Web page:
Reviews

Atomic Brain, The (1964) + Love After Death (1968) + Incredible Petrified World (1958)

Remember the days of pining for ratty copies of films like The Atomic Brain aka Monstrosity on VHS? Possibly forking out $15-20 a piece? Sure, there was a certain romanticism to photocopied covers from far away lands. But today, things are thankfully different. Proving that point is this Something Weird triple feature. All I can do is bask in the warmth of tainted trash pixie dust.

The pairing of three black and white rarities (The Atomic Brain, Love After Death, and The Incredible Petrified World), complete with extras, isn’t just another DVD release. For people that thrive on the allure of old cemeteries, a little spice, and surreal occurrences (that’s you and me), this is a shrink-wrapped package of golden promise, all for less than it would have cost you to track down just one of these films on VHS five years ago. Now that we’re all on the same page, please extinguish your flashlight. The cemetery can get very dark at this time of night and we wouldn’t want to disturb the work of the twilight people.

The Atomic Brain would make Ed Wood proud. I mean that sincerely. It’s all here: the Lobo-esque man-monster, a scientist involved in grave robbing experiments, one or two residential sets, odd sexual underpinnings (“Making love to an 80 year old woman in the body of a 20 year old girl is insanity!”), and iconic library music cues. The kind-of-odd-but-not-really plot deals with an old lady’s quest to find a fresh young form to replace her own rapidly decaying body. After a series of failures utilizing recently expired victims, Dr. Frank (he works for the lady, Mrs. March) decides that still-living specimens are needed. Cue Nina, Beatrice, and Anita, three cover girls that answer Mrs. March’s “help wanted” ad. After Mrs. March examines the girls via towel striptease, her “gigolo” servant Victor gets a little lustful, Dr. Frank continues his atomic chamber experiments, and someone gets a little cat on the brain. Escape is futile!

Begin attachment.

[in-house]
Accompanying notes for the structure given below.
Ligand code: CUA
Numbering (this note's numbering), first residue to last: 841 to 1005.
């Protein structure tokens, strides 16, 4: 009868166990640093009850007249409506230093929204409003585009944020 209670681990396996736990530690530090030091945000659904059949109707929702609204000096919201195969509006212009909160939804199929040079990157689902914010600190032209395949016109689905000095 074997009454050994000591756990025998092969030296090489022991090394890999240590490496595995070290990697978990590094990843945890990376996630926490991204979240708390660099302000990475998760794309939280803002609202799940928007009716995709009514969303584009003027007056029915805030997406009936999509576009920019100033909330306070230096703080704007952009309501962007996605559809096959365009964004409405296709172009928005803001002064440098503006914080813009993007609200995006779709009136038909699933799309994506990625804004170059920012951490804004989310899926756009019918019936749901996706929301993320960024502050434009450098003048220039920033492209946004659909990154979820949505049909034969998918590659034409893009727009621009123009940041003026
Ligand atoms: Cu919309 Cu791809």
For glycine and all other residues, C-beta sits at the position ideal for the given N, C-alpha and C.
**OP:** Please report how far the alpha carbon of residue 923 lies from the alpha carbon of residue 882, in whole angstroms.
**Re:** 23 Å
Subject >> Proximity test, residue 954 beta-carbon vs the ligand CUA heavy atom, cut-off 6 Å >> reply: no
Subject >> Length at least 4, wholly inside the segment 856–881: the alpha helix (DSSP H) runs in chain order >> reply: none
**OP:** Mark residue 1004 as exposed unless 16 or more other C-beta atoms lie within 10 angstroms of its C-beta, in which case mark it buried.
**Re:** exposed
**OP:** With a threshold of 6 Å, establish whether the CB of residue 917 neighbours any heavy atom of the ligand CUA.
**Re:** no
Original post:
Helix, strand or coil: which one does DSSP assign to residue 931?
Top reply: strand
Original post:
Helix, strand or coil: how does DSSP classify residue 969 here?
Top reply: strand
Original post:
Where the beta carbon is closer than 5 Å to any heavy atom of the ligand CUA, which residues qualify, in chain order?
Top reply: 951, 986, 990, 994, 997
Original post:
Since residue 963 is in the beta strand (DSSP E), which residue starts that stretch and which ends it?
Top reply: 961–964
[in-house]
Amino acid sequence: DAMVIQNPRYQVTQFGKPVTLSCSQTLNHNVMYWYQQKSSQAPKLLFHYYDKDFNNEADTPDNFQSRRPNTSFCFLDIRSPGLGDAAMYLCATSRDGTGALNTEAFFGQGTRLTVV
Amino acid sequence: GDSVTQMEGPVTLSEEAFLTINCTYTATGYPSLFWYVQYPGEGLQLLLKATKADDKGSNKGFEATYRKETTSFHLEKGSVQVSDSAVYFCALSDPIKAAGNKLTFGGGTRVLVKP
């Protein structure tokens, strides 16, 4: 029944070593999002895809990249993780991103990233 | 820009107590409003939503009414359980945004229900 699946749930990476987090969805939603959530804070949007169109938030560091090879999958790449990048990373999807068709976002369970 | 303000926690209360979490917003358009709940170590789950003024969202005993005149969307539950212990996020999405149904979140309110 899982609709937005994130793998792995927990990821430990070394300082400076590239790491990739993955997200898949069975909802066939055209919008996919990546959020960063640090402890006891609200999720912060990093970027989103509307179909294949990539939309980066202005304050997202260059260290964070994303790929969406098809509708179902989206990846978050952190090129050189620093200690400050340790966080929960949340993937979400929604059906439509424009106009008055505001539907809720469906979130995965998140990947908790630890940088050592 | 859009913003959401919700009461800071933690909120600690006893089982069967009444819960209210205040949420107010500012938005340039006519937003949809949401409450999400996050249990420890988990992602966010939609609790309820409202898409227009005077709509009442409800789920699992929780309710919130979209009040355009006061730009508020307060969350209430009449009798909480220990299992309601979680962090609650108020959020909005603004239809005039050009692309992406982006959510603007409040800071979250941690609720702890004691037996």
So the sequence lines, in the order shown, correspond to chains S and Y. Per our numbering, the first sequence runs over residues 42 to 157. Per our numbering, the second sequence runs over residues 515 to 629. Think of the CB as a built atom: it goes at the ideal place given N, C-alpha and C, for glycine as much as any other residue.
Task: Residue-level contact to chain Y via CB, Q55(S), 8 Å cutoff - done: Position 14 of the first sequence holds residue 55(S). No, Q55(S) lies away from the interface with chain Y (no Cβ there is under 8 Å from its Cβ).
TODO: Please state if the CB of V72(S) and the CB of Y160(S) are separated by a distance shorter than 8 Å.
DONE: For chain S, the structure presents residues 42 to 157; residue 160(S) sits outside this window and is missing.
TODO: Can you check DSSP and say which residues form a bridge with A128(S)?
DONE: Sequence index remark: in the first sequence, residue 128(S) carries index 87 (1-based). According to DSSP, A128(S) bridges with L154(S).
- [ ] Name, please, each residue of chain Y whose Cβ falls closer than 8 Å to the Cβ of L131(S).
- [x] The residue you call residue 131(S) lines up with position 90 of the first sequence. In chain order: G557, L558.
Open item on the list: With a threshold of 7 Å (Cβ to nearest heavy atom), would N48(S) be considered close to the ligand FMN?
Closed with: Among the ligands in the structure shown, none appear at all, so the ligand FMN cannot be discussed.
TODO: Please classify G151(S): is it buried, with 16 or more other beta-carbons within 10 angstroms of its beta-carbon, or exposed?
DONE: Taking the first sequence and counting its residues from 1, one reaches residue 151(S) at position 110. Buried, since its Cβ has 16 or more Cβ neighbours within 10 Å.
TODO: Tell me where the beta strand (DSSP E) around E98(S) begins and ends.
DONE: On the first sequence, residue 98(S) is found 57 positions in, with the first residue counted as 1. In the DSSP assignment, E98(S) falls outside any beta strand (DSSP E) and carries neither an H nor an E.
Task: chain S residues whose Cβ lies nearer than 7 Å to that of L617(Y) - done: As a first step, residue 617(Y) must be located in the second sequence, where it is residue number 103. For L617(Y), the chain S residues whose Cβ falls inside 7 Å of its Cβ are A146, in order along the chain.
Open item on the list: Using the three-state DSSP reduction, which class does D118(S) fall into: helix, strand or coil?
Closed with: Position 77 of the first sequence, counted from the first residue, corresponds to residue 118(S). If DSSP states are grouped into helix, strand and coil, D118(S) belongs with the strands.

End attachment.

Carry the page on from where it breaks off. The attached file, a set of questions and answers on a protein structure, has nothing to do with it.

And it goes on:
Filmed in ten days by Ray Dennis Steckler cohort Joseph Mascelli, The Atomic Brain is a DIY Hollywood classic. Aside from the film’s similarities to Wood’s late 50s oeuvre, a reliance on post-dubbing, dead pan narration, and a singular claustrophobic location (an old mansion located around Hancock Park in L.A.) cements the experience. This is the kind of perfect strange film charm that inspires global searches to uncover its existence. Luckily, you don’t have to reach that far, so savor all 65 minutes of it.

If The Atomic Brain started a drizzle with its sexually endowed strangeness, then Love After Death is the ensuing tidal wave. Sharing more than a few traits with Doris Wishman’s early films (sound effects occur without action, lots of foot shots, sets made up of everyday apartments and stairwells), this South American obscurity is a sight to behold. Meet Montel. Suffering from cataleptic fits, he’s been buried alive by his scheming wife Sofia and her doctor/lover. Seconds after the funeral, Montel bursts forth from his grave and spends the next few minutes roaming the cemetery over strains of theremin angst. From there, we find out that Montel was “sick” (impotent) and train-wreck skeeze Sofia is still a “virgin” (hilarious). Montel decides to enact his revenge on those that have wronged him. What’s the best way to do that? Attack women, watch people having sex, and finally prove his manhood by bedding a girl in her apartment. With all that out of the way, Montel grabs a switchblade and gets down to business.